Book Review: Everything Here Is The Best Thing Ever

Everything Here Is The Best Thing Ever
by Justin Taylor

Sometimes you really want to hate a writer.

For example, one reason to hate Justin Taylor is that his name is kinda like Justin Bieber's. The Justin part is the part that gets you. Also he's bound to be a quirky hysterical realist, which (I've always believed) is a trend today, especially among writers of my generation.

Yet Justin Taylor's debut is strong, albeit a bit uneven at points. But Taylor, at 28, brings a maturity in short story composition--a type Carveresque minimalism--that should be envy of every writer. See, for example, the opening of "A House in Our Arms:"
"We made it to New York.
That's how we put it when we talk about it with each other, even though it means something different to each of us, and even though we're both pretty used to it by now, I came straight from school, worked some crap jobs, then landed a decent one. It's at a hedge fund and I hate it, at least theoretically. In practice I find the more time I spend doing it the less I feel one way or the other. It's just what I'm doing, what I do. I work with nice enogh people. They started me out as an assistant but I'm already almost a junior manager. Who knows where I might wind up if I stick around?"

Like Carver, Taylor's narrators are aware of their own life standings. Yet unlike Carver, his characters these are younger people, kids who made it out from college and don't know what to do. Yet again, like Carver, there is a strong sense of floating here: these are stories of people who had the bad end of the deal, trying to figure out what to do. It's about class, yet it's not just about class.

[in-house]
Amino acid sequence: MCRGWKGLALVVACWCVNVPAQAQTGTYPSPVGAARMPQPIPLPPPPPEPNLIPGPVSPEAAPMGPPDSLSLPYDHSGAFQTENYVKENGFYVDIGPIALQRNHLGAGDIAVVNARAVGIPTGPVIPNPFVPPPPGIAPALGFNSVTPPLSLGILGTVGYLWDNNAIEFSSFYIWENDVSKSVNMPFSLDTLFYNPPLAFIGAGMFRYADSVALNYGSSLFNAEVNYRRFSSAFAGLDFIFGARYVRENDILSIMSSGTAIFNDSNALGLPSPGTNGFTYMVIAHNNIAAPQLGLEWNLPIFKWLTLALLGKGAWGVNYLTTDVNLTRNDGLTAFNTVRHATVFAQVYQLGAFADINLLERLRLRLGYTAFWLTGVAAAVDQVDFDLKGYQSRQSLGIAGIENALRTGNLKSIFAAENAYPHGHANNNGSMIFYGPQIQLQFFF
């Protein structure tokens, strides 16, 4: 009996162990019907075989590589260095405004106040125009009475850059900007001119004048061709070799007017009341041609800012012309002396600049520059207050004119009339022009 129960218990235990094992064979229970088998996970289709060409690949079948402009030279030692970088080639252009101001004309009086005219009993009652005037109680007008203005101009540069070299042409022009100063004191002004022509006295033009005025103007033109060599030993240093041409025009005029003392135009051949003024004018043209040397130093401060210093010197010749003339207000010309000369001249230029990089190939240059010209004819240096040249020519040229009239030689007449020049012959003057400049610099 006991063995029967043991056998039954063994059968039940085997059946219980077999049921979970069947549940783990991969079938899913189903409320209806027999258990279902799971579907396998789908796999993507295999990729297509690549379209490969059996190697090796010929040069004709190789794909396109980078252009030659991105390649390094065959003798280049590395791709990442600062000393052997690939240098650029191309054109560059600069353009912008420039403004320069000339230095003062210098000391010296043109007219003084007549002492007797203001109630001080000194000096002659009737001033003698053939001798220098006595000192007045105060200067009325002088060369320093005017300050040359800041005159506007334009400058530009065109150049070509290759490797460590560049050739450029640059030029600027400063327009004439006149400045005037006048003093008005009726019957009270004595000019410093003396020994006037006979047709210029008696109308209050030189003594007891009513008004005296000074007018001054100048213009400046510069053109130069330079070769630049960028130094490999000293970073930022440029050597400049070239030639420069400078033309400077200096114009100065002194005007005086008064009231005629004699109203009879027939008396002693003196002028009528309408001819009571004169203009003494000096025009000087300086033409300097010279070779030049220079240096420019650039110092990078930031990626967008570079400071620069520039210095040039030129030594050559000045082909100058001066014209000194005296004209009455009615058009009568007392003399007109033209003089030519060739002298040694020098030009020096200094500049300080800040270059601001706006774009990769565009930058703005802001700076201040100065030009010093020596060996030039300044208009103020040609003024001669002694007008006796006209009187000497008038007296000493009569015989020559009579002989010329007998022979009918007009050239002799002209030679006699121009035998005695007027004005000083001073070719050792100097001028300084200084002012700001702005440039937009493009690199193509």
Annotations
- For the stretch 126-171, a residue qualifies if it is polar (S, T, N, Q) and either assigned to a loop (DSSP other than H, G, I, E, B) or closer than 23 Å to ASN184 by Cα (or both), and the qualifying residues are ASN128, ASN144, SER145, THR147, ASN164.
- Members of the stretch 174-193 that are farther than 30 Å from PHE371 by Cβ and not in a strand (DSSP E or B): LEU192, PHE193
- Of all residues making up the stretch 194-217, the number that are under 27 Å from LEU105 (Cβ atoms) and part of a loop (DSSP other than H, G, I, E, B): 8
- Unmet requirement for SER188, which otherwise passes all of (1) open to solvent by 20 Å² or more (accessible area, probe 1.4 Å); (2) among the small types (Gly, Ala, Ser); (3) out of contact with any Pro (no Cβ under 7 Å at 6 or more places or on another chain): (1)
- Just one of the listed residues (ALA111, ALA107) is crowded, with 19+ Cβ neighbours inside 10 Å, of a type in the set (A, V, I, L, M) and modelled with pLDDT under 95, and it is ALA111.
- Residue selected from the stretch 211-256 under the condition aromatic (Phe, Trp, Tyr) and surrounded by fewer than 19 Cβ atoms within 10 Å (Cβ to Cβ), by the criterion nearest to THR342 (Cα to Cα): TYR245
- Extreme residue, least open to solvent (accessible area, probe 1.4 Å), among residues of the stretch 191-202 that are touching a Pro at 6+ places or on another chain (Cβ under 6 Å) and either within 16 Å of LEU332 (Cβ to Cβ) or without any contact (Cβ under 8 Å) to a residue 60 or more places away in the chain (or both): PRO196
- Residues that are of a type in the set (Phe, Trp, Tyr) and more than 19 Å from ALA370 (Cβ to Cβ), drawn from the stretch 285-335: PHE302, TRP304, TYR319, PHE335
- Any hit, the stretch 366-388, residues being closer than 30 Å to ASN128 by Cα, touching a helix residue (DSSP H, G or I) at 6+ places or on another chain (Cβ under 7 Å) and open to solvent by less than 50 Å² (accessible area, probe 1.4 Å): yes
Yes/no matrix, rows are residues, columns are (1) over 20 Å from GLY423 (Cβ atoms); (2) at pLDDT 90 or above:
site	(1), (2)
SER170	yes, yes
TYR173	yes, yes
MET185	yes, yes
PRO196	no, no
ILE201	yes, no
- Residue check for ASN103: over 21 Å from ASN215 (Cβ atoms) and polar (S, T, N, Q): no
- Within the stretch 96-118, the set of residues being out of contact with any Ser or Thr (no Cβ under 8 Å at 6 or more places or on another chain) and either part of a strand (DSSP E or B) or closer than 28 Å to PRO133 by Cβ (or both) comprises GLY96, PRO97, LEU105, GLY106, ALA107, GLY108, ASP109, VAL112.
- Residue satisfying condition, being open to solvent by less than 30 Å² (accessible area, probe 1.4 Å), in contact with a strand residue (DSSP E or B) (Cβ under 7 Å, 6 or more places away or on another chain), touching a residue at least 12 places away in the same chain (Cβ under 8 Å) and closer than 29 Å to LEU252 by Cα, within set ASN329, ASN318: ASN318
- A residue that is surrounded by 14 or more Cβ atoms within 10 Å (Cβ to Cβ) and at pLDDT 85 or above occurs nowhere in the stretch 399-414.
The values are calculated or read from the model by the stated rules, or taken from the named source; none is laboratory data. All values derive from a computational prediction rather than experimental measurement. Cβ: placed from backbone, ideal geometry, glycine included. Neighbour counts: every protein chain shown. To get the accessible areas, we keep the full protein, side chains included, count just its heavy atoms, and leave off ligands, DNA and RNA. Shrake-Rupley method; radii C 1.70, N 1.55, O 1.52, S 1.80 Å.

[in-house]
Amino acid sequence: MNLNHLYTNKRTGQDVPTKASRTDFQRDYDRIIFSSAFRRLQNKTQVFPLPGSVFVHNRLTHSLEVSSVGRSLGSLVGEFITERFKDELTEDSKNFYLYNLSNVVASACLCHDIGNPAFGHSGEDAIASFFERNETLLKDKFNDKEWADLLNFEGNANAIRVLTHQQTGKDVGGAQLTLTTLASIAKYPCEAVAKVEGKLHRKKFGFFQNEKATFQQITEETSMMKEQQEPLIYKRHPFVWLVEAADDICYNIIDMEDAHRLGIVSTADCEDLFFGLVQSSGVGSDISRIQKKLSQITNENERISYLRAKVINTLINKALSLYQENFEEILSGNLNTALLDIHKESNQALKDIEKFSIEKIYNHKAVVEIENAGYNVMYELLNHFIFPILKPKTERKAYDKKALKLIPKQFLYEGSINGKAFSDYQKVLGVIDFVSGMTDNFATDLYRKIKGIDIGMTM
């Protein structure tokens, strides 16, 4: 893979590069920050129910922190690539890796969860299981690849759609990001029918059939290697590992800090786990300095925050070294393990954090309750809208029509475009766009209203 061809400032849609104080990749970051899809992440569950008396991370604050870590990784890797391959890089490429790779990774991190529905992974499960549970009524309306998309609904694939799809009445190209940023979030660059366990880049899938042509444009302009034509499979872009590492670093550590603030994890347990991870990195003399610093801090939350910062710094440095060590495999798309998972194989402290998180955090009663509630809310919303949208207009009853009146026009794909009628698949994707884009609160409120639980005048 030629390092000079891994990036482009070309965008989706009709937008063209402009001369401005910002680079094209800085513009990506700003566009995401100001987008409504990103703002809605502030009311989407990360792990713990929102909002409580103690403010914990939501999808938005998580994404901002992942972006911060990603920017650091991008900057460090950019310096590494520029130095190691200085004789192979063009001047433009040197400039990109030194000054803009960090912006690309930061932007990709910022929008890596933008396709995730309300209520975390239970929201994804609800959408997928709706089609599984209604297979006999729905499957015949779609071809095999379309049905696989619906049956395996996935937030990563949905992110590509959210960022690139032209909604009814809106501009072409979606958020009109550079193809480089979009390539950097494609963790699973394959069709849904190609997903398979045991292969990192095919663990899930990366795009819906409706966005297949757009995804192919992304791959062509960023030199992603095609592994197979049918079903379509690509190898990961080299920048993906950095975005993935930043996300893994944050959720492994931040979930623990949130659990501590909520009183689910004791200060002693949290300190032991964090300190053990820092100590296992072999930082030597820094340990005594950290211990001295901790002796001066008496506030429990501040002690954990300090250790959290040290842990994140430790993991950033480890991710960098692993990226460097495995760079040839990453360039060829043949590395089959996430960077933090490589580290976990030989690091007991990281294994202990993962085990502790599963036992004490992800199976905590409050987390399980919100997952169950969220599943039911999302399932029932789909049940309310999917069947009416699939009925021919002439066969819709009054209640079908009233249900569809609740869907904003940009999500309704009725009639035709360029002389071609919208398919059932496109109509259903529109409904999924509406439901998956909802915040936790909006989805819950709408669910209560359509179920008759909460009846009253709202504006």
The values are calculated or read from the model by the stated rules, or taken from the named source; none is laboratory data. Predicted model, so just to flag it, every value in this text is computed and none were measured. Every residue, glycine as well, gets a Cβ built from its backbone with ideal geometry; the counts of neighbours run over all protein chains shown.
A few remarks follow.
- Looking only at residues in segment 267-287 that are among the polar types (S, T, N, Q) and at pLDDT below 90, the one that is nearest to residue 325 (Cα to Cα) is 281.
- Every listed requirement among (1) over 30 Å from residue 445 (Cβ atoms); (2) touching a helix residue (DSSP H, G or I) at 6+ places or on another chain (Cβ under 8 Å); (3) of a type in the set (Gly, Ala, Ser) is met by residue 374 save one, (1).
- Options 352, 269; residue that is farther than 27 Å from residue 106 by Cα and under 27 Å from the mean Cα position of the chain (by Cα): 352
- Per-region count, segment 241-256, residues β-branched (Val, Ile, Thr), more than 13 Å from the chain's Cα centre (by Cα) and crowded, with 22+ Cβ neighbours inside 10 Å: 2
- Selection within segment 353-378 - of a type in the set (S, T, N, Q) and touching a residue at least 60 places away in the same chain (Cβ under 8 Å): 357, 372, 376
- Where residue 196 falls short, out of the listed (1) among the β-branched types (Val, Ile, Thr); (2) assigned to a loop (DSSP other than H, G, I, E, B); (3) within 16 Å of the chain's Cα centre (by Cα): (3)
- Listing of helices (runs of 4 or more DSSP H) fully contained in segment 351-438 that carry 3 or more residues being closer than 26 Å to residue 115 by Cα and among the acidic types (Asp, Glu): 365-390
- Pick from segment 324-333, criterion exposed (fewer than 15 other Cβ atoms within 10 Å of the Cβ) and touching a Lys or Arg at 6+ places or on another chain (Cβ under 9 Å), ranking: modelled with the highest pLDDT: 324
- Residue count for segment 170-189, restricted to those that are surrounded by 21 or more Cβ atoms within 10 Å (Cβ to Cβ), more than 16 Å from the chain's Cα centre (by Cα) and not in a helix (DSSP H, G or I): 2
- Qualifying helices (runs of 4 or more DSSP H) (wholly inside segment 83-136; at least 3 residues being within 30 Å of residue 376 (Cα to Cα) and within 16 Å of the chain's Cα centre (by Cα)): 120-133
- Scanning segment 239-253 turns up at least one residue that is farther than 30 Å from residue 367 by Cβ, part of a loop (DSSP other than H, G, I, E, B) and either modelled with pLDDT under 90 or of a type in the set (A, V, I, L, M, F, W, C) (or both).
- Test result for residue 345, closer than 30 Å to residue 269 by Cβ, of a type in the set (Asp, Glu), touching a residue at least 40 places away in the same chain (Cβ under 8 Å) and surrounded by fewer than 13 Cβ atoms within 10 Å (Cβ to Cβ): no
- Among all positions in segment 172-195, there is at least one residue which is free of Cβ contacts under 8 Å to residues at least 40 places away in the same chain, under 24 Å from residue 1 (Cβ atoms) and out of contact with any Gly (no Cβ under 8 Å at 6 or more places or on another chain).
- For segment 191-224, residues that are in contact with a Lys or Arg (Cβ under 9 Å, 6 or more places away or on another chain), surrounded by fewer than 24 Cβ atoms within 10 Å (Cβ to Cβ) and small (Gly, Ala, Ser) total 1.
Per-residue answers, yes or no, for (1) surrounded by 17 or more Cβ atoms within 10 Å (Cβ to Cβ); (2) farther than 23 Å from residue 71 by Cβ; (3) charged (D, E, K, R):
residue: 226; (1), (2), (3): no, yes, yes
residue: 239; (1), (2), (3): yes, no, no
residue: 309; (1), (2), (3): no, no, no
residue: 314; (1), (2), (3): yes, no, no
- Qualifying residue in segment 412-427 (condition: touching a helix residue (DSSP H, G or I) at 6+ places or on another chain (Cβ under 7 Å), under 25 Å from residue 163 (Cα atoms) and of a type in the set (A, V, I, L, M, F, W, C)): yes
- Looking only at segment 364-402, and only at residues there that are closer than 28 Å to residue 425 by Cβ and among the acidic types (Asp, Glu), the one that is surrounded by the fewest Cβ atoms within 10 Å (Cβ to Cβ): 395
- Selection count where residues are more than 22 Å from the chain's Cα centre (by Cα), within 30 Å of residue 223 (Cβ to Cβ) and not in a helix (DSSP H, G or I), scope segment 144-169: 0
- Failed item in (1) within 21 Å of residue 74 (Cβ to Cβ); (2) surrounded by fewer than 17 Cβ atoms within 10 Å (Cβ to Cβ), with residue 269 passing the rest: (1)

It's concerns floating: the states in-between in a relationship and not, between going home and going to a new place, between the decision of going and staying. For example, in "A House In Our Arms," the narrator contemplates his sexual friendship with his lesbian best friend, while at the same time, sleeping with a man. In "Tennesse" the narrator ends up back with his parents' broken home (his father's lost his job) after trying to find himself and failing. In "Weekend Away" a woman runs away from her current lover after recieving (and not answering) a call from a former boyfriend; when she comes back she tells him: "I know you don't like hearing it but it's true, that's what I was thinking. There are so many places I've never even seen....So why can't I let myself say yes?"

Taylor's world is a world of conflation as well. Violence and sexual desire are the same ("Jewels Flashing in the Night Time); there is a difference between sex with someone you love and someone you might love, but you're not going to do much about it--or there isn't much you can do about it ("Whistle Through Your Teeth and Spit"). What is probably most refreshing about Taylor's writing is that he is fearless when it comes to sex. Compared to the male writers in Katie Rophie's essay, Taylor is pornographer: writing about bisexuality, threesomes, and phone sex; he writes it viscerally and with feeling.

Of course, some might be turned off by this, as well as Taylor's possible use of bisexuality as a metaphor for general confusion, and some of his more experimental works--"Tetris" and "Finding Myself" are almost like prose poems, "Jewels Flashing in the Night Time" reminds me of Daniel Scott's "Fellow Feeling" (his only terrible story in his short story collection) but only slightly better done. Some of his stories also do what stories shouldn't (jumping point of view in "Whistle Through Your Teeth and Spit," as one example), but Taylor proves to be a skilled writer: he pulls it all off. He makes it work. He'll remind you of Carver and Gaitskill, only younger, and not a drunk (not yet anyway) or a prostitute (again, not yet).

At the end, I still hate Justin Taylor. He wrote the book I wanted to write, before I got it written, and he wrote it better than I could have. It is more than enough reason to hate Justin Taylor.

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